Baguette de tambour

Les baguettes de tambour, de

Yesterday I discovered that in French a drumstick is a baguette de tambour, which conjured up images of French drummers playing their drums with long loaves of bread.

The word baguette comes from the Italian word bacchetta (little rod), a diminutive of bacchio (rod), from the Latin baculum (stick, staff). As well as meaning a type of French bread, it can also refer to “a small moulding of semicircular section” and “a gem, ususually a diamond, cut in a long rectangular shape” [Source: OED].

The French word tambour, which is also found in English and means a frame used in embroidery or a drum, comes from the Persian word tabῑr or from the Arabic word ṭubūl, which both mean ‘drum’. The word tambourine comes from the same root, as does timbre [source].

Some more drum-related French vocabulary:

- le tambour = drum
- la batterie = drum kit / drums
- je joue de la batterie = I play the drums
- tambouriner = to drum
- pianoter / tambouriner sur la table = to drum one’s fingers on the table
- le tambourin = tambourine
- le (joueur de) tambour = drummer
- batteur (-euse) = drummer (in rock/jazz band)
- le roulement de tambour = drum roll
- la caisse claire = side/snare drum
- la grosse caisse = bass drum
- la boîte à rythme = drum machine
- le tambour de frein = brake drum
- le bidon de pétrole = oil drum

Source: Reverso

This entry was posted in English, Etymology, French, Italian, Language, Latin, Words and phrases.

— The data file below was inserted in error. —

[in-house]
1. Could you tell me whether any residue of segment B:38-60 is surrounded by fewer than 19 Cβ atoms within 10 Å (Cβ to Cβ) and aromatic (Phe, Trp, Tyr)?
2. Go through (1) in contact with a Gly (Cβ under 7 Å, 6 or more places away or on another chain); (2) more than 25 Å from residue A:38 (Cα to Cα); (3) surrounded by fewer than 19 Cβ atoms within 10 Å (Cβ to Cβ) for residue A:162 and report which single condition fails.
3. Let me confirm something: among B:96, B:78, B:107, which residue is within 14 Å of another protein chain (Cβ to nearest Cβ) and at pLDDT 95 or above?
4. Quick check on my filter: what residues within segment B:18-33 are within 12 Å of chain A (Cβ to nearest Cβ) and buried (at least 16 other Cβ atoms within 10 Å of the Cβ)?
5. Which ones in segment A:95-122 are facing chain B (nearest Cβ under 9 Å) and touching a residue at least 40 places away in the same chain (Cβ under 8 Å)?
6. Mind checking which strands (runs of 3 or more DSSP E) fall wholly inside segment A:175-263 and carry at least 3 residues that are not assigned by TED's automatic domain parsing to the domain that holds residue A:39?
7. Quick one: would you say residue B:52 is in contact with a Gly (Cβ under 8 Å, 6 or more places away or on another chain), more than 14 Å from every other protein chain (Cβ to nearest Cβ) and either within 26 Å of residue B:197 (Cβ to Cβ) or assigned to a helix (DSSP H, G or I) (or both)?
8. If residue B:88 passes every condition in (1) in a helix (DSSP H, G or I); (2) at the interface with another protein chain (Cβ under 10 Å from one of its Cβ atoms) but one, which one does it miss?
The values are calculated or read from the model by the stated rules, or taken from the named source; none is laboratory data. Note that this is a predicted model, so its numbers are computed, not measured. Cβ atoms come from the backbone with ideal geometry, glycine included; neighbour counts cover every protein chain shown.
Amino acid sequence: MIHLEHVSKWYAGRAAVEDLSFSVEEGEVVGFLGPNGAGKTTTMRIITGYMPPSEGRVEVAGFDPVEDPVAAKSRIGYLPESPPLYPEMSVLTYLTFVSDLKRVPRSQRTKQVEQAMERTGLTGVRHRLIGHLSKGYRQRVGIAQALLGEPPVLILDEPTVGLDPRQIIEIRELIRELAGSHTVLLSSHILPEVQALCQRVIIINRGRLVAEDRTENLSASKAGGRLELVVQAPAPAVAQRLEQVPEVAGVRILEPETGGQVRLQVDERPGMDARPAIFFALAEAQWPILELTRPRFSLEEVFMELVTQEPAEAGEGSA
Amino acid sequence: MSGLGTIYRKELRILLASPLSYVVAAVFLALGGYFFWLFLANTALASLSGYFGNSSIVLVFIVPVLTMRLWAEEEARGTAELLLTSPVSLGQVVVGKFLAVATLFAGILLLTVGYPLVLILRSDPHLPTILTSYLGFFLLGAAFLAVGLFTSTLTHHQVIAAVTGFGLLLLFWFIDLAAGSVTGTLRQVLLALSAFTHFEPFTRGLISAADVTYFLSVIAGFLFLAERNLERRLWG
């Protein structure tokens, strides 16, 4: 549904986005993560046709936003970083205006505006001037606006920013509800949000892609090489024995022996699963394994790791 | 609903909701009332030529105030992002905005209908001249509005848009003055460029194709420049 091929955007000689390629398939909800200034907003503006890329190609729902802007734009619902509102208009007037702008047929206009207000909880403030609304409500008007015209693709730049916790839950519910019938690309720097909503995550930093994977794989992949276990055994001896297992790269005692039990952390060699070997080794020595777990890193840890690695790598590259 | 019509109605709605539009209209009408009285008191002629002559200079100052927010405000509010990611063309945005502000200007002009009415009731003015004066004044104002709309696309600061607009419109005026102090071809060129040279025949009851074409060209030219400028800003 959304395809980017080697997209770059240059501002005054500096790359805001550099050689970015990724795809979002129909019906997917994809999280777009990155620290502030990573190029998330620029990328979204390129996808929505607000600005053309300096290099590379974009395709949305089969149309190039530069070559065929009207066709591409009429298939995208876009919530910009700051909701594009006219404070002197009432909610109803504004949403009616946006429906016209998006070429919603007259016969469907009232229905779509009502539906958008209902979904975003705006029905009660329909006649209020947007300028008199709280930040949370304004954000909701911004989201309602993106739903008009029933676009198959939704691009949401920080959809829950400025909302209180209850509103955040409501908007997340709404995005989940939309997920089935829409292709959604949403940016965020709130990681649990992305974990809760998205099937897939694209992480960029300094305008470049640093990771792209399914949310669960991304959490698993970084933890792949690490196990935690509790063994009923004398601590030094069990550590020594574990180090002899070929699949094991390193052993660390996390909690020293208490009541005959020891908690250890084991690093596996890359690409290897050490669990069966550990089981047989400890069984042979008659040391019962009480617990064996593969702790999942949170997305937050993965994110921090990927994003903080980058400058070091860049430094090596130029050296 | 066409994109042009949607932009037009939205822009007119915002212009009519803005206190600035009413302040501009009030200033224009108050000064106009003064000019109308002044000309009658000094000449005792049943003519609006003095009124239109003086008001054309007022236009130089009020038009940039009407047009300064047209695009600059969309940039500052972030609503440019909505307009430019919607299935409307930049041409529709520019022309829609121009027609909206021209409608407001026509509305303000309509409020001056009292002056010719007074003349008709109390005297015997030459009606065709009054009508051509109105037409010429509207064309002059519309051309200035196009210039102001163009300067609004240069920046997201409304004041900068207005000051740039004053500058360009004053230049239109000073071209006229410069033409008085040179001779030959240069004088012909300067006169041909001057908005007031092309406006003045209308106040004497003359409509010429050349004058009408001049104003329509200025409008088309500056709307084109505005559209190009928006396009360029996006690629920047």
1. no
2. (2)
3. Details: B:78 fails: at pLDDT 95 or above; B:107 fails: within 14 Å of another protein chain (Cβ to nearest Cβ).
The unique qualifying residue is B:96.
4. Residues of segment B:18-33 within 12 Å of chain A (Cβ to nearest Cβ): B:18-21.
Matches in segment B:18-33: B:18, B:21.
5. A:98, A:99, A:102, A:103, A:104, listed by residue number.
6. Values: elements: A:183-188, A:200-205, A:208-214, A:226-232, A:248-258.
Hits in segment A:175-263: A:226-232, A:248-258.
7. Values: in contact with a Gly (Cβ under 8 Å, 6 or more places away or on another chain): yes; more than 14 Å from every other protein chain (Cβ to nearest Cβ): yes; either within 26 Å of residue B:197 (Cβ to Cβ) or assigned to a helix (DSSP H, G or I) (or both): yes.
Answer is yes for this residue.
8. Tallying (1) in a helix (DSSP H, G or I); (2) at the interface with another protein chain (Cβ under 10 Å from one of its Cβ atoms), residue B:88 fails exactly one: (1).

7 Responses to Baguette de tambour

  1. Alex says:

    Staying with the musical theme, ‘baguette’ is also a conductor’s baton so “conducted by Simon Rattle” can be translated as “à la baguette Simon Rattle” or “avec Simon Rattle à la baguette”.

  2. Mark says:

    And baguette is the word for ‘wand’ (as in a magic wand, baguette magique); JK Rowling wanted to call the French school of wizardry ‘beautiful wands’ in French, but on finding out that a literal translation of this would put English-language readers in mind of bread, she opted for Beauxbâtons.

  3. Chris Miller says:

    …and baguettes also means ‘chopsticks’.

  4. Michel says:

    Can I add that Mrs Merkel used to “mener à la baguette” Mr Sarkozy !!!

  5. D.Jay says:

    Did you mean brake drum?

  6. Simon says:

    Yes, of course.

  7. Petréa Mitchell says:


    Interesting that English has borrowed a French word along the way which now has to be translated to a different word in modern French. (Or is “bâton” still also a reasonable French word for the conductor’s stick?)

    “Baton” is from the same root, of course. Another musical connection: it’s also related to beadle (and J. K. Rowling’s Beedle the Bard) and its British variation, beatle.